They are vastly different roles.
A project manager is primarily concerned with the delivery of products within a predetermined time frame. A product owner is primarily concerned that the right product is built, and that the right problems are being solved in order of priority.
In short, a project manager manages projects within specified time frames whereas a product owner is focused on creating and developing products through a process of continuous improvement.
A project manager has a great degree of responsibility.
Often, they have sole responsibility for ensuring that a product or project is delivered within the predetermined time frames and costs.
In an environment where there is a great deal of complexity, it can set one person up for failure time and again.
A product owner works within a team environment, trusting the developers and Scrum Master to focus on how best to solve the problem or how best to create the right product.
The people with the expertise, in this case, the developers, are the people who estimate how long something should take and work together to ensure that the best version of that product, service or feature is created.
The Product Owner acts as a CEO of the product.
They are engaged with customers and stakeholders to ensure that the right thing is being built, in the best way, and they are engaged internally with the team to provide feedback and guidance on what is being built.
The product owner holds the product vision and invests a great deal of time ensuring that the right problems are being solved for customers. Their mission is to create and develop products, services and features that truly delight customers.
In essence, a product owner is a great source of achieving competitive advantage because they are so focused on making sure that the best possible product or service is being created.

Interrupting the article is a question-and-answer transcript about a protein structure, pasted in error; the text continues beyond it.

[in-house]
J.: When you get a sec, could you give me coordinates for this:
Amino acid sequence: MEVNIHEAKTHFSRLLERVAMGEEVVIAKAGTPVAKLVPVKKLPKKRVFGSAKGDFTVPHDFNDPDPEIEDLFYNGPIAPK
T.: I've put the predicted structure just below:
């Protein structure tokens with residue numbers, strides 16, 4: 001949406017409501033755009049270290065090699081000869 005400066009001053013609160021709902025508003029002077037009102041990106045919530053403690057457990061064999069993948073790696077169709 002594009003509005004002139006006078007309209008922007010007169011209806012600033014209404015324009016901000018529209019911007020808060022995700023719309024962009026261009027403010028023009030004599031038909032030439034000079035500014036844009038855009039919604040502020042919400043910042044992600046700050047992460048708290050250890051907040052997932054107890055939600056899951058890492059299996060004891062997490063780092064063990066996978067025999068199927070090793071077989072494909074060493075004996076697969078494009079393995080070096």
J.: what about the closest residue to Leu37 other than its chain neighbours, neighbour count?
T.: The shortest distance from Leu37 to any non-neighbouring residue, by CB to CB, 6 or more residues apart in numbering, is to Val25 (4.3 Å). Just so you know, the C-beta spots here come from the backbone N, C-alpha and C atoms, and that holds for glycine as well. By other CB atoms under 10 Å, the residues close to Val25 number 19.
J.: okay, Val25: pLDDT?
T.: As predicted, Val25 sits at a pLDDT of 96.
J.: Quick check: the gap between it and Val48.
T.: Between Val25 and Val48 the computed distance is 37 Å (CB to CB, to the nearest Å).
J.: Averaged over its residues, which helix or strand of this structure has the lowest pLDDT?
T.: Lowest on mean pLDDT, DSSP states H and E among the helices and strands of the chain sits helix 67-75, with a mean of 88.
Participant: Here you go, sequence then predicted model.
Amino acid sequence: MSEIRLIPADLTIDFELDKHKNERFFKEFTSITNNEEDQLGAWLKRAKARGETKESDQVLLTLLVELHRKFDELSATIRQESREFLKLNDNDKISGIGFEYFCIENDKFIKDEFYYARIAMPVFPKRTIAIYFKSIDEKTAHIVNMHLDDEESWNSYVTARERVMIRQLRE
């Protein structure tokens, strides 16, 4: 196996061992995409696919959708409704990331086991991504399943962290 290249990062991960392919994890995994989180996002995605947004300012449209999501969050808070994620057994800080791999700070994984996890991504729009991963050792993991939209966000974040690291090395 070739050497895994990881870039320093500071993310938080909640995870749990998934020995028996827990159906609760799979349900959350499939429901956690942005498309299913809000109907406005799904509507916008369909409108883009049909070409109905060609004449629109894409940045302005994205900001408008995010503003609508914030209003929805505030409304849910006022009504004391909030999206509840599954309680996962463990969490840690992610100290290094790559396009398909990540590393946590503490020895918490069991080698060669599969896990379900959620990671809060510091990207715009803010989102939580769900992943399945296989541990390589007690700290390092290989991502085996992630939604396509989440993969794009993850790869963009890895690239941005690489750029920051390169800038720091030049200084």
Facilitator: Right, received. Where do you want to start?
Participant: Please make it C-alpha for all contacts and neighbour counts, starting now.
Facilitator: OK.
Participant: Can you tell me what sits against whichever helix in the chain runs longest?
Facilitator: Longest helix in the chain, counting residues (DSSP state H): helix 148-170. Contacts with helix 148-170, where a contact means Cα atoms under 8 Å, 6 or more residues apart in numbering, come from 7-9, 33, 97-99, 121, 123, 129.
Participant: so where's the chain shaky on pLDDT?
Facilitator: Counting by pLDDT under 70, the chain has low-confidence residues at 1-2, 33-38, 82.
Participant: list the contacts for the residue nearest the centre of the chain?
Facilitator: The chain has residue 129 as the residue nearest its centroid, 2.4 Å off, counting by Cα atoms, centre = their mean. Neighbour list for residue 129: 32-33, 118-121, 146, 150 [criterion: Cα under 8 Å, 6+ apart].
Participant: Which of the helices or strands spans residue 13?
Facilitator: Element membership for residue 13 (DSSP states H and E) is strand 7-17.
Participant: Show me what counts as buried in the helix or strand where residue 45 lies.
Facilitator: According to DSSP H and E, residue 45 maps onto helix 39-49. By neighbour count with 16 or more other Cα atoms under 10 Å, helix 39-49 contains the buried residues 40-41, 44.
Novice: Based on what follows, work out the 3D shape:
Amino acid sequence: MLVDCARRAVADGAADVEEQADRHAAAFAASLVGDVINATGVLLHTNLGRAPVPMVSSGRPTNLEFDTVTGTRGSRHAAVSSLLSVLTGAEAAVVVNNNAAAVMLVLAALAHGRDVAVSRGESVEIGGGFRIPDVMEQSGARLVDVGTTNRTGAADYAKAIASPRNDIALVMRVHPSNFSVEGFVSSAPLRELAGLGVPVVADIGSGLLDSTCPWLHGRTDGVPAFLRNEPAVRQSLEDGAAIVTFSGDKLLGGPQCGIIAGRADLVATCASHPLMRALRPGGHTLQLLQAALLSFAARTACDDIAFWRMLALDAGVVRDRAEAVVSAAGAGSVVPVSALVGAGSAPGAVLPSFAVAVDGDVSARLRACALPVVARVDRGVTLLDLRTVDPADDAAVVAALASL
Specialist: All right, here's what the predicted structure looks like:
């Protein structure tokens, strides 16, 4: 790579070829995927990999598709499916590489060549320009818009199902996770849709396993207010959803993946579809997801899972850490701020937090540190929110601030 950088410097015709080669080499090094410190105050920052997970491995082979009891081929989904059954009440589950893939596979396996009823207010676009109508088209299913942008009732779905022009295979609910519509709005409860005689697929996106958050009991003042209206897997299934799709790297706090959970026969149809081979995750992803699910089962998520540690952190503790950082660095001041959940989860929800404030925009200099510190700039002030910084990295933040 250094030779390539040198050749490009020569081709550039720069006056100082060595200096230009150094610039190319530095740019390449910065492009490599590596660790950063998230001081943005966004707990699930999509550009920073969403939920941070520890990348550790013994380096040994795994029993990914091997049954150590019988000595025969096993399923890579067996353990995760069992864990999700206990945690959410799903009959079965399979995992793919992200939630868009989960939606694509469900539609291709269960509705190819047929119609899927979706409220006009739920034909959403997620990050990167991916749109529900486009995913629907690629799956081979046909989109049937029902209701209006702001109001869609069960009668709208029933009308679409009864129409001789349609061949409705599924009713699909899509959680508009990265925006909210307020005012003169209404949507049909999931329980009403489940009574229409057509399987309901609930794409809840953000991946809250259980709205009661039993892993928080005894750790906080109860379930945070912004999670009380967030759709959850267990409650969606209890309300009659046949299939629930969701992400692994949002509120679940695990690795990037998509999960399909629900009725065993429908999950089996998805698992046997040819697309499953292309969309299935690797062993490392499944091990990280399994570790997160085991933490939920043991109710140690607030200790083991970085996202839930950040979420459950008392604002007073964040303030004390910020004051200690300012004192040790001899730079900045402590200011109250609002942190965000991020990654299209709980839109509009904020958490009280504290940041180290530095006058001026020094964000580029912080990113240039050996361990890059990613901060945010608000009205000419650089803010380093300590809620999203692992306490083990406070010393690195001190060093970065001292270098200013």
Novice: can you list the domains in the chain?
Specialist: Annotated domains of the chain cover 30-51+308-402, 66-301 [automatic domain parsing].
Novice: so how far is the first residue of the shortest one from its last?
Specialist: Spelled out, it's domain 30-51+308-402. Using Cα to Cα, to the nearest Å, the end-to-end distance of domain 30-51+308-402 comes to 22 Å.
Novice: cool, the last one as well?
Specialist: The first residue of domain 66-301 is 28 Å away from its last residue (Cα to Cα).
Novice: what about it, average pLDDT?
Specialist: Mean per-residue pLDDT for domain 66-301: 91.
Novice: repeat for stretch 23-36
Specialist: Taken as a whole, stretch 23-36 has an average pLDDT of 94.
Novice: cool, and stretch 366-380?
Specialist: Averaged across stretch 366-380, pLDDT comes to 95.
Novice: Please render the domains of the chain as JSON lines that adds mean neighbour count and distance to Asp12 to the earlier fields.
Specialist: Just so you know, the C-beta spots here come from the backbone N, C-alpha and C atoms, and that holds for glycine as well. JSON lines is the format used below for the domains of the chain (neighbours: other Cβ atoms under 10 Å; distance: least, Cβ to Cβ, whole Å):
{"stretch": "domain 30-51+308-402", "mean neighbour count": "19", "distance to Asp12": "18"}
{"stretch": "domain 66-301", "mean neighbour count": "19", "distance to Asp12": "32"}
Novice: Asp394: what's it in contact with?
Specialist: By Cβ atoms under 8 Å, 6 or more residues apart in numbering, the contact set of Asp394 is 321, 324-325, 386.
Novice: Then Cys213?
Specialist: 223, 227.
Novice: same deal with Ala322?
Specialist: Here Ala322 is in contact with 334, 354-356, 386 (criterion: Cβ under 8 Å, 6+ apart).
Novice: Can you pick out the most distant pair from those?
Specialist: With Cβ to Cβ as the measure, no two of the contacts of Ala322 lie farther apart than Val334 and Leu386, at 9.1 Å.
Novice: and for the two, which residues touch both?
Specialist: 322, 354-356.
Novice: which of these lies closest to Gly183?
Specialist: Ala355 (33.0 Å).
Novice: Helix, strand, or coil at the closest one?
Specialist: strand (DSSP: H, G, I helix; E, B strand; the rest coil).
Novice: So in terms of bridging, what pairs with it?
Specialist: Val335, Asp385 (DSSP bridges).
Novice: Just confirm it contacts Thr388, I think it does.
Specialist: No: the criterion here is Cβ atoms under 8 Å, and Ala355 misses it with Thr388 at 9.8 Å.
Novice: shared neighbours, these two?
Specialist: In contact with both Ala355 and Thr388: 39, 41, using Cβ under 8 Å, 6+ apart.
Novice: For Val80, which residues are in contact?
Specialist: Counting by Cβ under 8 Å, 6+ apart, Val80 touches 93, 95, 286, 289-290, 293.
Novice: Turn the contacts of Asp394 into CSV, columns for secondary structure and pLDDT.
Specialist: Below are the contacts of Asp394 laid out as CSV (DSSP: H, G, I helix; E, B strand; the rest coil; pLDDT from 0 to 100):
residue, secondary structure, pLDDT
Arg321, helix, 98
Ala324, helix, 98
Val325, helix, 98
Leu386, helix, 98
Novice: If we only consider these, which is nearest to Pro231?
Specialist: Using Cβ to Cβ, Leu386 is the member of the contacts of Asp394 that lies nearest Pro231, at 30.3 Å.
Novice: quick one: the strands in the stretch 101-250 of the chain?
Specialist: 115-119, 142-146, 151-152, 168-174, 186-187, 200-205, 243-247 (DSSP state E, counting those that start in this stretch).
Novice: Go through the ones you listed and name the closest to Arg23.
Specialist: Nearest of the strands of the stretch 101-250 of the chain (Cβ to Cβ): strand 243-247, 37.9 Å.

Their ownership of the product space encourages continuous improvement and innovation in the product, which in turn leads to increased competitive advantage within the marketplace.
A project manager has a focus on a specific project and in delivering that project within the agreed times, costs, etc. which doesn’t set them up well for continuous improvement of any kind.
Once the project is delivered, it is onto the next project and so forth.
Sure, they may learn through the process and become better project managers over time, but the rigid framework within which they operate doesn’t lend itself toward continuous improvement or innovation over time.
If you would like to become a Product Owner, visit our Certified Scrum Product Owner course page as well as the Advanced Scrum Product Owner course page for an idea of progression within the field.
Frequently Asked Product Ownership Questions
- What is the difference between a Product Owner and a Project Manager?
- How is a product owner different to a product manager?
- Is a product owner a member of the development team?
- Do you need project management experience to be a Product Owner?
- How does a Product Owner integrate into a Scrum Team?
- Do project managers traditionally make great product owners?
- Is the product owner role a great fit for people in creative industries?
- Is there different levels of seniority for product owners?
- What are career opportunities for a Product Owner?
- What do Product Owners do?
- Do you need to be a developer to be a product owner for a software company?
- Can you create a Product Ownership role in a company that doesn’t do Scrum?
- What are some great traits of a product owner?
- How will I know if a product owner role is a great fit for me?
- Do product owners attend daily scrums?
- Do product owners interact and engage with project stakeholders?
- How does a product owner integrate into a marketing team?
- Do entrepreneurs make great product owners?
Frequently Asked Product Owner Training Questions
- What is a Certified Scrum Product Owner?
- Will I be able to lead product development after doing a CSPO course?
- What will you learn on a CSPO course?
- How well recognised and respected is the CSPO course?
- What do you need to know to sign up for the CSPO course?
- How well does a CSPO course prepare you to be a product owner?
- Do I get textbooks and course materials as part of my CSPO course?
- What would be a good certification path for a Product Owner?
- Are there different CSPO certifications and how do they differ?
- How long is the CSPO course and how is it configured?
- Is the CSPO course theoretical or practical?
- Do companies invest in CSPO courses or is it primarily individuals?
- How do I progress as a Product Owner?
- Would you recommend the CSPO course for entrepreneurs?